Use of the surface PSD and incident angle adjustments to investigate near specular scatter from smooth surfaces

Kashmira Tayabaly, John C. Stover, Robert E. Parks, Matthew Dubin, James H. Burge

Research output: Chapter in Book/Report/Conference proceedingConference contribution

8 Scopus citations


The Rayleigh Rice vector perturbation theory has been successfully used for several decades to relate the surface power spectrum of optically smooth reflectors to the angular resolved scatter resulting from light sources of known wavelength, incident angle and polarization. While measuring low frequency roughness is relatively easy, the corresponding near specular scatter can be difficult to measure. This paper discusses using high incident angle near specular measurements along with profile generated surface power spectrums as a means of checking a near specular scatter requirement. The specification in question, a BRDF of 1.0 sr-1 at 2 mrad from the specular direction and at a wavelength of 1μm, is very difficult to verify by conventional scatter measurements. In fact, it is impractical to directly measure surface scatter from uncoated Zerodur because of its high bulk scatter. This paper presents profilometer and scatterometer data obtained from coated and uncoated flats at several wavelengths and outlines the analysis technique used to check this tight specification.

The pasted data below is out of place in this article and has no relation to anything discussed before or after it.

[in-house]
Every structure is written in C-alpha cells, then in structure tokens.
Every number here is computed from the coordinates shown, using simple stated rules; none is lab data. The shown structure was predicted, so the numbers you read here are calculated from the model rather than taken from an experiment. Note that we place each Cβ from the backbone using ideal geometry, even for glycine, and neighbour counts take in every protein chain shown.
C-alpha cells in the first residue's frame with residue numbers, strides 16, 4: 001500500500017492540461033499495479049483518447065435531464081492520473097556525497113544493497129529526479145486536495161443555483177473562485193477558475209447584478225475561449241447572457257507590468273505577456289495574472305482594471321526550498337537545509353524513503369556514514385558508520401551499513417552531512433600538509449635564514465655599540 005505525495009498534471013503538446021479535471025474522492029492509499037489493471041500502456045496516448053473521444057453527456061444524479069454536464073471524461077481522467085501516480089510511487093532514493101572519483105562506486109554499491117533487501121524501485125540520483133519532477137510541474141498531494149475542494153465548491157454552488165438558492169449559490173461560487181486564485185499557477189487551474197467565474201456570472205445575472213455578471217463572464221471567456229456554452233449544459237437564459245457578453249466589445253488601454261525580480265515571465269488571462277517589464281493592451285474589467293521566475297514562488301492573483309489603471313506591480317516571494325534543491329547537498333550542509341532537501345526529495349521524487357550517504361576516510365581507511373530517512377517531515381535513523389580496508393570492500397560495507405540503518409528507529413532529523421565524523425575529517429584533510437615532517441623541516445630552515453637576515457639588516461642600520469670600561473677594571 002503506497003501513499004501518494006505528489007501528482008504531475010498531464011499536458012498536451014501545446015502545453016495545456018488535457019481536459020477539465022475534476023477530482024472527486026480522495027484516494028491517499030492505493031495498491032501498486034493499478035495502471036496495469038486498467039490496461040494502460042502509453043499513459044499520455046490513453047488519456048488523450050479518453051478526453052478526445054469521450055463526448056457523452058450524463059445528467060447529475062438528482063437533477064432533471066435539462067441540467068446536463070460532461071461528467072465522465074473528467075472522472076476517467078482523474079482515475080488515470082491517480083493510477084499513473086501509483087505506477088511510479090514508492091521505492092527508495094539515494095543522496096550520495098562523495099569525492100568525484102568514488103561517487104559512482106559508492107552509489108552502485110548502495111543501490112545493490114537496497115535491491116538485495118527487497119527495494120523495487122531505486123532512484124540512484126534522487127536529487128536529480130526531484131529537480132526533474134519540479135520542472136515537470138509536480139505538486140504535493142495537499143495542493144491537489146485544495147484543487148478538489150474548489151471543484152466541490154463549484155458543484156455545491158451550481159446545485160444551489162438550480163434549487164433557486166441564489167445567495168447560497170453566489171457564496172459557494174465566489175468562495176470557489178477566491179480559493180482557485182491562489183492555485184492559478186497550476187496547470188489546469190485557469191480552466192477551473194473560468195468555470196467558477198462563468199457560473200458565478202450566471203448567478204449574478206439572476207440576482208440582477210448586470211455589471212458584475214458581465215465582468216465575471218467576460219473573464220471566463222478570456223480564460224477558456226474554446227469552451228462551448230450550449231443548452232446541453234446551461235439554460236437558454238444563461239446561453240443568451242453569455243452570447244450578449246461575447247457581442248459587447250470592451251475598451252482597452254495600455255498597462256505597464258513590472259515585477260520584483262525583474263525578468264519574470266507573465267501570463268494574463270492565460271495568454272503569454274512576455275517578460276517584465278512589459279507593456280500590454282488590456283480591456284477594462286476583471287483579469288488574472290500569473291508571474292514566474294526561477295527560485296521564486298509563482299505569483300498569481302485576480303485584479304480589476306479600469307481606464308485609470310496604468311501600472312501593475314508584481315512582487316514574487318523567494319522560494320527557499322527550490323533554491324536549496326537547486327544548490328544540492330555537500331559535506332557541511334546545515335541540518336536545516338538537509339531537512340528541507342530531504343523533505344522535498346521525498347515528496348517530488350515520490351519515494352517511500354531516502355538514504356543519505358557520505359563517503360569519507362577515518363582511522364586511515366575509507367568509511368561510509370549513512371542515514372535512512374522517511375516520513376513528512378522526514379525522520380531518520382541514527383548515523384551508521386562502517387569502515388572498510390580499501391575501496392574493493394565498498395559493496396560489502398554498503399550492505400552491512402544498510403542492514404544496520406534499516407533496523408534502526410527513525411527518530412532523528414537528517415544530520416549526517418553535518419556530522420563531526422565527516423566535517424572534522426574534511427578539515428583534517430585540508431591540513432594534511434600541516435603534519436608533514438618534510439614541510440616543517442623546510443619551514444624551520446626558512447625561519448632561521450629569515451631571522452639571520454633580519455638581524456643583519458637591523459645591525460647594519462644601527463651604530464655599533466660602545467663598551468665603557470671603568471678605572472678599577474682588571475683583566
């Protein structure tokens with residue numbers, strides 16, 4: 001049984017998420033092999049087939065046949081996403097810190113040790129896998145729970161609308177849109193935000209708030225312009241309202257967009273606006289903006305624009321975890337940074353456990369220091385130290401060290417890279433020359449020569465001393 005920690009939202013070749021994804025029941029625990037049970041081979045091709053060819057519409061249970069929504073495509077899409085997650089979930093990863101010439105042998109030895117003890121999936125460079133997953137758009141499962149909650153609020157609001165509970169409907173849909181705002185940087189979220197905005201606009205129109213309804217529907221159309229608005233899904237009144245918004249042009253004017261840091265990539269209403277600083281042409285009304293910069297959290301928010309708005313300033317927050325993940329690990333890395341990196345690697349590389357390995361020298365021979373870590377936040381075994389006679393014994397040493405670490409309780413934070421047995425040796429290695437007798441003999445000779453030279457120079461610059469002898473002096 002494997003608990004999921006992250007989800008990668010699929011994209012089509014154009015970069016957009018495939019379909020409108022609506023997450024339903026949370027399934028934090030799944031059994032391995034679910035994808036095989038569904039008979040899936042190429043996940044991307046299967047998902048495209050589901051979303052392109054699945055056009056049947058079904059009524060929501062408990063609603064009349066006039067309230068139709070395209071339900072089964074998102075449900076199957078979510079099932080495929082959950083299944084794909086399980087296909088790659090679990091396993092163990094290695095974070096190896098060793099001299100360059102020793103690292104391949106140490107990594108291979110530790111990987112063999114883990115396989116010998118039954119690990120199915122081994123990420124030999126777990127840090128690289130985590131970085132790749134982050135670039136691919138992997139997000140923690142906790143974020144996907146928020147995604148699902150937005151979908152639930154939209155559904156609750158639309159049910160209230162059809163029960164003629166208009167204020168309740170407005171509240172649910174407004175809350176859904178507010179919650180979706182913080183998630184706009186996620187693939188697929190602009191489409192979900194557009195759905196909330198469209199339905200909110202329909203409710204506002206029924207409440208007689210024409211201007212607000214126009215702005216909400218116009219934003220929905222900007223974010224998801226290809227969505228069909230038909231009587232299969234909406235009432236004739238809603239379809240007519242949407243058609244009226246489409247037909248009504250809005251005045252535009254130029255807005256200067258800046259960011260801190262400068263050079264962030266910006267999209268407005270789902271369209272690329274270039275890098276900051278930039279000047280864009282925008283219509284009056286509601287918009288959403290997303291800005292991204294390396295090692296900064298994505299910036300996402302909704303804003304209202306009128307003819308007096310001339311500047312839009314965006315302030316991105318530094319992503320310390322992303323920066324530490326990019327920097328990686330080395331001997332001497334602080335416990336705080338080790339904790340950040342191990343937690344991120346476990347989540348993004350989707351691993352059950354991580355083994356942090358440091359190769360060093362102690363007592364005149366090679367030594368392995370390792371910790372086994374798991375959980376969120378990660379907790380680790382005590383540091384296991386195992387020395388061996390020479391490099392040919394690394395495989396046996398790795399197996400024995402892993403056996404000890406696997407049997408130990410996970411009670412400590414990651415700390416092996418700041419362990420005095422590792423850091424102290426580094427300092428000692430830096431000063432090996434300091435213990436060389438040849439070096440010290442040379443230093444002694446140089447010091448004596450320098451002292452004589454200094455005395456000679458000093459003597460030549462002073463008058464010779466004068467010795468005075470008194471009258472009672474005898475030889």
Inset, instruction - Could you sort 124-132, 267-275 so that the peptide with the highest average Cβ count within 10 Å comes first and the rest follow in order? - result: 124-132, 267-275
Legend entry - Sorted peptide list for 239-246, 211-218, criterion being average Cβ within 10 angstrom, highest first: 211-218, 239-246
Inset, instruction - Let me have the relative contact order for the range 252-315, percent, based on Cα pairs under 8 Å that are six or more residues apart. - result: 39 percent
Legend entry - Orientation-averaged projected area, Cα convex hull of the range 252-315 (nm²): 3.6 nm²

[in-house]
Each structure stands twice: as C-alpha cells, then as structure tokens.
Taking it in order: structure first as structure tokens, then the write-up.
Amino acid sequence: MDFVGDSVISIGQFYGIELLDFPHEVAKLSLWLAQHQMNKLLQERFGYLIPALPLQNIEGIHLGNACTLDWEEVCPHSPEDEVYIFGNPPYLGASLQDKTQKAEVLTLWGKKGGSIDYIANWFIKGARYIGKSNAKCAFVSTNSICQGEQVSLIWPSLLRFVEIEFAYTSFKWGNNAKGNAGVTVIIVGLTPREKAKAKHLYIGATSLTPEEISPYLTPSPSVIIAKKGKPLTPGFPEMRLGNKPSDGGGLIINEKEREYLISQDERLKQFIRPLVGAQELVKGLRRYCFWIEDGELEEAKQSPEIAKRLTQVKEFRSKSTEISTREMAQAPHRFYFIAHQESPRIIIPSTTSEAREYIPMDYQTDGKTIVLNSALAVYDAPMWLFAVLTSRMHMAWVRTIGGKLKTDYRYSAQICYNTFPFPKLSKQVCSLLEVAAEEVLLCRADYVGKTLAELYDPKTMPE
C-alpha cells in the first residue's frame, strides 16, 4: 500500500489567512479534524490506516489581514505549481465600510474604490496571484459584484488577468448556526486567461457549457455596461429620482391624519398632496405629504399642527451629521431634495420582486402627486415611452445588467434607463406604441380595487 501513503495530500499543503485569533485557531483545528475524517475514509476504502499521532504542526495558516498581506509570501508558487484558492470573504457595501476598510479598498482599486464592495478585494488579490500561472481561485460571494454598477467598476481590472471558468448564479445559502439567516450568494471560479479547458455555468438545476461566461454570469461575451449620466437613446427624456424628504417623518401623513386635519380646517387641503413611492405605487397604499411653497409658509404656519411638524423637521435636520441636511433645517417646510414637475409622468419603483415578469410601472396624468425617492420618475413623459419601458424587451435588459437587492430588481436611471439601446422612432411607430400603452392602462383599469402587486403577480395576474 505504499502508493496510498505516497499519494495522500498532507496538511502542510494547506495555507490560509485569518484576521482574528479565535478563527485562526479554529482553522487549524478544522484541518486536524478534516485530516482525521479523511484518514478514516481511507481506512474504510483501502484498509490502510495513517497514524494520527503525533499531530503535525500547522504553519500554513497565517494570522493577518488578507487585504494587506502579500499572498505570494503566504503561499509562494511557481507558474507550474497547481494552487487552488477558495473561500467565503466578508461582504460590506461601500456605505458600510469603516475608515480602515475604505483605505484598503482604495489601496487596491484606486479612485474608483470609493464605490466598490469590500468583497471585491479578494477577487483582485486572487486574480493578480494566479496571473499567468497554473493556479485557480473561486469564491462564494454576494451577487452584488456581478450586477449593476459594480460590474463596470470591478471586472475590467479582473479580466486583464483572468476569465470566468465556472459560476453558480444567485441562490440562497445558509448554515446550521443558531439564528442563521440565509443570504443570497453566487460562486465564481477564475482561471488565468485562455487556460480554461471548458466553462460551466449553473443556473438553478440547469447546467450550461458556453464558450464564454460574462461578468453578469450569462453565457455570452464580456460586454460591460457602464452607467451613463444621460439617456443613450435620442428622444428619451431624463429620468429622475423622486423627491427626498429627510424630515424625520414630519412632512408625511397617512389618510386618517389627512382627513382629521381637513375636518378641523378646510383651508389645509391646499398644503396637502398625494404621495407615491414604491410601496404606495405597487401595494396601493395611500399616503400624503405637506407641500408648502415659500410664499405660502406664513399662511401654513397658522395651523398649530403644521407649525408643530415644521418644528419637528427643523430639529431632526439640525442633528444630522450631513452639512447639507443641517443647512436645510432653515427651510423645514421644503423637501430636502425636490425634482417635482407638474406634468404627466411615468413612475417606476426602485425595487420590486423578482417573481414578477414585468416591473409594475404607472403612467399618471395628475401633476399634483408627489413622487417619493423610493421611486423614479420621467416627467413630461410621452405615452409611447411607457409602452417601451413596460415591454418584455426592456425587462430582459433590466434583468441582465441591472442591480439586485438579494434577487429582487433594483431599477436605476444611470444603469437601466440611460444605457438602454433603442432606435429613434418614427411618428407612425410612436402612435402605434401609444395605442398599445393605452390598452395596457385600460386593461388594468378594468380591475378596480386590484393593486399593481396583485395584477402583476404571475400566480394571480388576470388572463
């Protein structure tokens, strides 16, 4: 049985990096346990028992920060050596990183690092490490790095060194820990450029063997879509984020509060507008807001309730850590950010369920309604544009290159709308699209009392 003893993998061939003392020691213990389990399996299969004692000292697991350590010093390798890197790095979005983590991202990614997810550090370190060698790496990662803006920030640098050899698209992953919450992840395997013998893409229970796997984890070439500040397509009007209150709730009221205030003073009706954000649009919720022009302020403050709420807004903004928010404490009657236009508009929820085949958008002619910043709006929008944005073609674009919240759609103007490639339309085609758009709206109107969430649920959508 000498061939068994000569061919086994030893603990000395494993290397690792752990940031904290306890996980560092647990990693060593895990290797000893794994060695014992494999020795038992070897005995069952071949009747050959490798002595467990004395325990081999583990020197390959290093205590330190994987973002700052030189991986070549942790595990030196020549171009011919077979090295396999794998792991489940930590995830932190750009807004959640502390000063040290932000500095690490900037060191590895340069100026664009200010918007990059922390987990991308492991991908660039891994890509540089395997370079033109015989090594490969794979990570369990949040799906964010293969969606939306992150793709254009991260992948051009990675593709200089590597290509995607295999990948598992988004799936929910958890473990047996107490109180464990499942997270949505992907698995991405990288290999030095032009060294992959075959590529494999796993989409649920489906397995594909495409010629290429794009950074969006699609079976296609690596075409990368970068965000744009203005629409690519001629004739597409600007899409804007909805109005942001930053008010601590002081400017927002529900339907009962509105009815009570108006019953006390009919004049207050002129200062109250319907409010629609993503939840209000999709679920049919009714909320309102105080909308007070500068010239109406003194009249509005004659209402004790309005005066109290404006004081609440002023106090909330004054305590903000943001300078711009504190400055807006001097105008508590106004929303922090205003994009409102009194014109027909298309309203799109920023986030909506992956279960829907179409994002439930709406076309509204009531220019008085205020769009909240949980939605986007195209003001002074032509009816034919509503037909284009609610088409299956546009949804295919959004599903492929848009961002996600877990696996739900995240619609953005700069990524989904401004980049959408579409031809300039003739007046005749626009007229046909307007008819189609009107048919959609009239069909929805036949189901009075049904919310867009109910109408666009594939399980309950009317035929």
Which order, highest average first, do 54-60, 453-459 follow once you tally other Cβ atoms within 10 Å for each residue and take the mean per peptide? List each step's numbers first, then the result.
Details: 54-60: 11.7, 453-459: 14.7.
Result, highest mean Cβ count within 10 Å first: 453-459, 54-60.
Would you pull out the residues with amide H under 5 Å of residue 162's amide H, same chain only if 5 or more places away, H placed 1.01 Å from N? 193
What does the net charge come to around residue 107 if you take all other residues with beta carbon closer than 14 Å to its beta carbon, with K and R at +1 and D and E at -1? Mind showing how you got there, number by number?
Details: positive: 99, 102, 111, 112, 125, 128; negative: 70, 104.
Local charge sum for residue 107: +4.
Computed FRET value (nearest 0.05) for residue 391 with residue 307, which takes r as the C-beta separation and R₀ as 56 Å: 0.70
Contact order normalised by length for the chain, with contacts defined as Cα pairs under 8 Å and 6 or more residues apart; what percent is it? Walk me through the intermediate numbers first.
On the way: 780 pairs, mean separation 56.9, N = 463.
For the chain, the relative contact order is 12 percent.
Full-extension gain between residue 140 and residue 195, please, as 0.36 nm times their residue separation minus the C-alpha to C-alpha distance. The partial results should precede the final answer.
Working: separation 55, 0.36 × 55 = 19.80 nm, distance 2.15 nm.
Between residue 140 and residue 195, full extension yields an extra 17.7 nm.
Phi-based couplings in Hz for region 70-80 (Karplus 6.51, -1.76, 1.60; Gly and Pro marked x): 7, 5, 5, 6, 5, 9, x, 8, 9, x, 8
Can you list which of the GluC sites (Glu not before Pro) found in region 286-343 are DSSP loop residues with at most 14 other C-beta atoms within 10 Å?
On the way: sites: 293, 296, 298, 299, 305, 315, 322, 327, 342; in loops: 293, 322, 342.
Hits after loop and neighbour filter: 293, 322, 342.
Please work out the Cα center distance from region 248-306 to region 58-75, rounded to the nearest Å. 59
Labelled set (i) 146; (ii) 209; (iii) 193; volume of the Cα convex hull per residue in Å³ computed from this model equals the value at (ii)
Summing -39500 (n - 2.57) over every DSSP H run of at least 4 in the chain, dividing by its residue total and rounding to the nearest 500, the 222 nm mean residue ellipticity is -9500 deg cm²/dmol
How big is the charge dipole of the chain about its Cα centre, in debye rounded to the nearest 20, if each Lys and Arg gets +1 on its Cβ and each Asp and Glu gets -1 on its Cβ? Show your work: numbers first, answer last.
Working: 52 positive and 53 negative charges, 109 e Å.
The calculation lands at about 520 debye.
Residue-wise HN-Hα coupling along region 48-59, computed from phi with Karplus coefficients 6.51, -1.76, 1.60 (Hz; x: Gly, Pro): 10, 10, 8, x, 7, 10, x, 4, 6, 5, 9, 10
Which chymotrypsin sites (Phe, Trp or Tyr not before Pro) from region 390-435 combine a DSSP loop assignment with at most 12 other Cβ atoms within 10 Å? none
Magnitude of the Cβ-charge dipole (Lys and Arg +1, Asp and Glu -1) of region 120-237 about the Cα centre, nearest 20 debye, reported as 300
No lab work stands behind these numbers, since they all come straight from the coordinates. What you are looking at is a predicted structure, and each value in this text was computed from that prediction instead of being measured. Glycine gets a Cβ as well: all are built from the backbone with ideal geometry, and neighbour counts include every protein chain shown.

Original languageEnglish (US)
Title of host publicationOptical Manufacturing and Testing X
StatePublished - 2013
EventOptical Manufacturing and Testing X - San Diego, CA, United States
Duration: Aug 26 2013Aug 27 2013

Publication series

NameProceedings of SPIE - The International Society for Optical Engineering
ISSN (Print)0277-786X
ISSN (Electronic)1996-756X


OtherOptical Manufacturing and Testing X
Country/TerritoryUnited States
CitySan Diego, CA


  • BRDF
  • Metrology
  • Near specular scatter
  • Rayleigh Rice
  • Surface power spectrum
  • Vector perturbation theory

ASJC Scopus subject areas

  • Electronic, Optical and Magnetic Materials
  • Condensed Matter Physics
  • Computer Science Applications
  • Applied Mathematics
  • Electrical and Electronic Engineering


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